Government Services Minister Bill Shorten has again bought into the Robodebt royal commission, criticising one of his Coalition predecessors over evidence given.
The Labor minister isn’t appearing before the commission himself, but felt the need to run commentary on former government services minister Stuart Robert’s Thursday appearance at the inquiry.
Mr Robert admitted that even though he had misgivings about the automated debt recovery scheme and its legal status, he nevertheless publicly defended it as a “dutiful cabinet minister” should, and in so doing made false statements.
On Friday, Mr Shorten berated Mr Robert for the comments, saying cabinet solidarity wasn’t a licence to mislead the Australian public.
“I do not believe that the doctrine of cabinet solidarity extends to giving permission for people, for ministers, to give false statements about the lawfulness of their actions or to misrepresent facts,” Mr Shorten told the ABC.
While saying he didn’t want to preempt the royal commission, Mr Shorten nevertheless went on to ridicule Mr Robert’s evidence.
He said ministers could resign if they disagreed with a government policy, but they should in no circumstances lie about it.
“I think it’s peak bizarre that you can say that cabinet solidarity allows you to give false statements,” Mr Shorten said.
“Cabinet solidarity means you’ve got to support a policy, but I don’t think it means that you’re allowed to make up facts to support the policy.”
It’s not the first time Mr Shorten has given a running commentary on the royal commission while it is still in process – or used the word ‘peak’ as an adjective.
In December, the Minister was moved to hold a media conference following former prime minister Scott Morrison’s appearance at the inquiry.
Mr Shorten described Mr Morrison’s performance as a “shocking train wreck” that showed no self-insight.
“Mr Morrison had the chance to engage in healing and accept responsibility and redeem the reputation of the Coalition government, at least in accepting responsibility,” Mr Shorten said in December.
“Instead, what we got was peak vintage Morrison.
“Lecturing, hectoring, not answering questions, splitting hairs on simple yes/no questions.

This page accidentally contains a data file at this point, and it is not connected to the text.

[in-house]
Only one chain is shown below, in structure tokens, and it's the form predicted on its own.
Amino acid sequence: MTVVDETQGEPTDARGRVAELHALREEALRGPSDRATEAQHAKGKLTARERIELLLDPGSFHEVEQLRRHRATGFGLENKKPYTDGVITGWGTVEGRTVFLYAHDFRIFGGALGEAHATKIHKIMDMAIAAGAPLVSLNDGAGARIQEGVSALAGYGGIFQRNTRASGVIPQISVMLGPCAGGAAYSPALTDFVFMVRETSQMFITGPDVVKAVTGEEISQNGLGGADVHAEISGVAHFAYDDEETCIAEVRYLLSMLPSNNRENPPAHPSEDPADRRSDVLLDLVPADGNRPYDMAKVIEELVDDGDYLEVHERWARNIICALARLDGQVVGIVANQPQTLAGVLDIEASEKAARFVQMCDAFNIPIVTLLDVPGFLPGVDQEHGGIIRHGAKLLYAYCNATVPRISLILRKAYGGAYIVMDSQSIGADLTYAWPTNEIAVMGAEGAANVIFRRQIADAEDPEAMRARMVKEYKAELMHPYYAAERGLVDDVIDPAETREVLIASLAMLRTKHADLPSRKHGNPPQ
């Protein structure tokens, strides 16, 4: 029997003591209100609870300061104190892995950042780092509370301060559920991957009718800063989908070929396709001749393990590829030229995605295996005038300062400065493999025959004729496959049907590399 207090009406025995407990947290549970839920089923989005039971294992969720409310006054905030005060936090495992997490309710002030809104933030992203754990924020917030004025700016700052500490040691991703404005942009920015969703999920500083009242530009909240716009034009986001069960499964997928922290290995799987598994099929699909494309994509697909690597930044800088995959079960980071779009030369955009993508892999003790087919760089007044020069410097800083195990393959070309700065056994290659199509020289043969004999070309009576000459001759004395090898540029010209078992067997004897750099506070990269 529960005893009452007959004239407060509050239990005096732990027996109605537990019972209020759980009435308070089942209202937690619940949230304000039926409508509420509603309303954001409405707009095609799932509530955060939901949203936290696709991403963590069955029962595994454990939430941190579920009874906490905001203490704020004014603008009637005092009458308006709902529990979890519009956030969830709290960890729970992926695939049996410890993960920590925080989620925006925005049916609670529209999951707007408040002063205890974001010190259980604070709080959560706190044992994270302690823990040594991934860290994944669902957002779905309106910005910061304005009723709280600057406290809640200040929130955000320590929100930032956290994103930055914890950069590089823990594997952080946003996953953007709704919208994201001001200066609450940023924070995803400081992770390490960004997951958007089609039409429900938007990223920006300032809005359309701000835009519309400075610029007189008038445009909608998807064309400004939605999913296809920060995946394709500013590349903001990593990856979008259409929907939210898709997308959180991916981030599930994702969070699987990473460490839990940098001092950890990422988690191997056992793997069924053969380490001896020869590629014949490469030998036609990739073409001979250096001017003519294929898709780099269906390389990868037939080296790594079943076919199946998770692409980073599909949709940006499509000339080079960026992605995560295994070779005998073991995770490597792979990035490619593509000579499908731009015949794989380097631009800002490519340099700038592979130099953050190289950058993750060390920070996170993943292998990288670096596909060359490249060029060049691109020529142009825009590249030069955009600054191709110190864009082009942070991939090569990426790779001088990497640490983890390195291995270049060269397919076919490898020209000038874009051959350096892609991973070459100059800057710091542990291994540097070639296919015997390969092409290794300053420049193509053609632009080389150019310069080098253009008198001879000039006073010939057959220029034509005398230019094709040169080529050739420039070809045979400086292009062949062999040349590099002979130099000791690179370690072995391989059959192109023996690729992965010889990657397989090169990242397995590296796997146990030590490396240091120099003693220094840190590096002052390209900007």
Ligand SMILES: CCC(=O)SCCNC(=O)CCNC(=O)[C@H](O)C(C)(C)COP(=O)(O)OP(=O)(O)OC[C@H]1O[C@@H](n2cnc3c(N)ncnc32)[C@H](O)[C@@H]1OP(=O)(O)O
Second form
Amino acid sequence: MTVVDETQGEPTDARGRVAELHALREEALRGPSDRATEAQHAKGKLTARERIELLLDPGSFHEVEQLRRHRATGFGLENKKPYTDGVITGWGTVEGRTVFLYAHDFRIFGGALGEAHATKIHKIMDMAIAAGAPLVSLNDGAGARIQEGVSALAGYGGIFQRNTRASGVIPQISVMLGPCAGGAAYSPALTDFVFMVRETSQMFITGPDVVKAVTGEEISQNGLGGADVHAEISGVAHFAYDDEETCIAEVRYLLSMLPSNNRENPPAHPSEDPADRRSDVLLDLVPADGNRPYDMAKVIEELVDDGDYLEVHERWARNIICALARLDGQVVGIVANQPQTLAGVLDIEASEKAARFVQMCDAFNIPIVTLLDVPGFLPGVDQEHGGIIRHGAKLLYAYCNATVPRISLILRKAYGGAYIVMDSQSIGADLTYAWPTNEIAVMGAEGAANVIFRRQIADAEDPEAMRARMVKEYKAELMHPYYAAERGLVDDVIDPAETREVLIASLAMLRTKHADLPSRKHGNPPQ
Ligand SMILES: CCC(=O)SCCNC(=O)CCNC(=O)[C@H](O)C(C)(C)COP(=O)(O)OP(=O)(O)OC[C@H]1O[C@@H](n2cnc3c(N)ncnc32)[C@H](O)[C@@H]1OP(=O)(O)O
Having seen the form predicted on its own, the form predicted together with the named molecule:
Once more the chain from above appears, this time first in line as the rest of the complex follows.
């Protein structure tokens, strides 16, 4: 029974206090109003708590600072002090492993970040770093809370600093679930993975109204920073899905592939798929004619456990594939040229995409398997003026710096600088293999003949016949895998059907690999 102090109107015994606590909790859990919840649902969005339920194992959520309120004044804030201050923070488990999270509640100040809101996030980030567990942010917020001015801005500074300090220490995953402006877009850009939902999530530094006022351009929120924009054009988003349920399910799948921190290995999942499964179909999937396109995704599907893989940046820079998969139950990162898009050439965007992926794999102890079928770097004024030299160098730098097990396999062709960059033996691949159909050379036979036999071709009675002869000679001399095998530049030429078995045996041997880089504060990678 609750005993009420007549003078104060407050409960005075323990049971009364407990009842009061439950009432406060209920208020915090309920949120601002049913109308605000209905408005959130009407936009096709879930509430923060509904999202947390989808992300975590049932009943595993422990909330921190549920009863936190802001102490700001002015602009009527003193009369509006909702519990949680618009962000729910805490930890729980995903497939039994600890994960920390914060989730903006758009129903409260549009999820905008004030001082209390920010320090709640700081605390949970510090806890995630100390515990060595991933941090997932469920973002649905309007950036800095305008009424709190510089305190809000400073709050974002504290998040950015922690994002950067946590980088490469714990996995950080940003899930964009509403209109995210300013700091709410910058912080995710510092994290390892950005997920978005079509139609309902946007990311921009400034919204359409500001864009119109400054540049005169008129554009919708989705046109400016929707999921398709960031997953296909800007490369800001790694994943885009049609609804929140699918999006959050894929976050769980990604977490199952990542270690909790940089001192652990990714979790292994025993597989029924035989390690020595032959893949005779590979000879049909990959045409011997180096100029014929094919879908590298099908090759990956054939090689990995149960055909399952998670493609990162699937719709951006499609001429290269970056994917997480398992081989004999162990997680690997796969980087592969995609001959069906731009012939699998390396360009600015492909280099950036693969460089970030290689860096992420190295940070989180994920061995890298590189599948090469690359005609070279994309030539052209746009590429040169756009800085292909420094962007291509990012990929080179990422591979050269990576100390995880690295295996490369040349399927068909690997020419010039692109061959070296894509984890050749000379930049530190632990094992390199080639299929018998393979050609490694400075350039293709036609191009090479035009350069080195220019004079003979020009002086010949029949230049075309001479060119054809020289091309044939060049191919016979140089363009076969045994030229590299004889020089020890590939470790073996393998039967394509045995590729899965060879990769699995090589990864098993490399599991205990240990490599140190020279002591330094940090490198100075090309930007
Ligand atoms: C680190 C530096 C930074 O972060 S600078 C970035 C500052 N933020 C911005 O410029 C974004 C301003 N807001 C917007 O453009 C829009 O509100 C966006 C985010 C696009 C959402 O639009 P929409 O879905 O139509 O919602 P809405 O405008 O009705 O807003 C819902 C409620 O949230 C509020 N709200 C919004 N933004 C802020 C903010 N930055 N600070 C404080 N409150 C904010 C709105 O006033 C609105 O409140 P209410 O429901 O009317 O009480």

“We’ve seen Mr Morrison lecture the commission, we’ve seen Mr Morrison basically say, ‘I knew nothing, I did nothing, I’m a good person’.”
Mr Shorten used the same media conference to compare Mr Morrison’s performance at the royal commission with that of another former Coalition minister Marise Payne who had appeared a day earlier.
“I thought her evidence was, her presentation was superior and more plausible than Mr Morrison’s,” he said.
“But clearly, this was a Coalition government who had prejudged the outcome.
“They wanted to find billions of dollars for their budget.
“In their own minds they had convicted people on welfare.
“They had decided that if there was a discrepancy in annual data versus fortnightly data, that was proof positive something wrong had gone on and they reversed the onus of proof on the victims of the scheme.
“When the Coalition was arrogantly breaking the law.”
Robodebt was an automated debt assessment and recovery program employed by the Department of Human Services and its successor, Services Australia, for Centrelink compliance.
It began in 2016 and became hugely controversial due to its incorrect calculations and threat to issue illegal notices to welfare recipients.
It became the subject of numerous inquiries, leading to the Coalition government scrapping the scheme in 2020 and promising to repay 470,000 wrongly issued debts.
In 2021, Federal Court Justice Bernard Murphy ruled the scheme unlawful.
Following Labor’s election victory last year, Prime Minister Anthony Albanese established the royal commission into the matter.
The inquiry heads into its final week of witness evidence before reporting to the Government before the end of the financial year.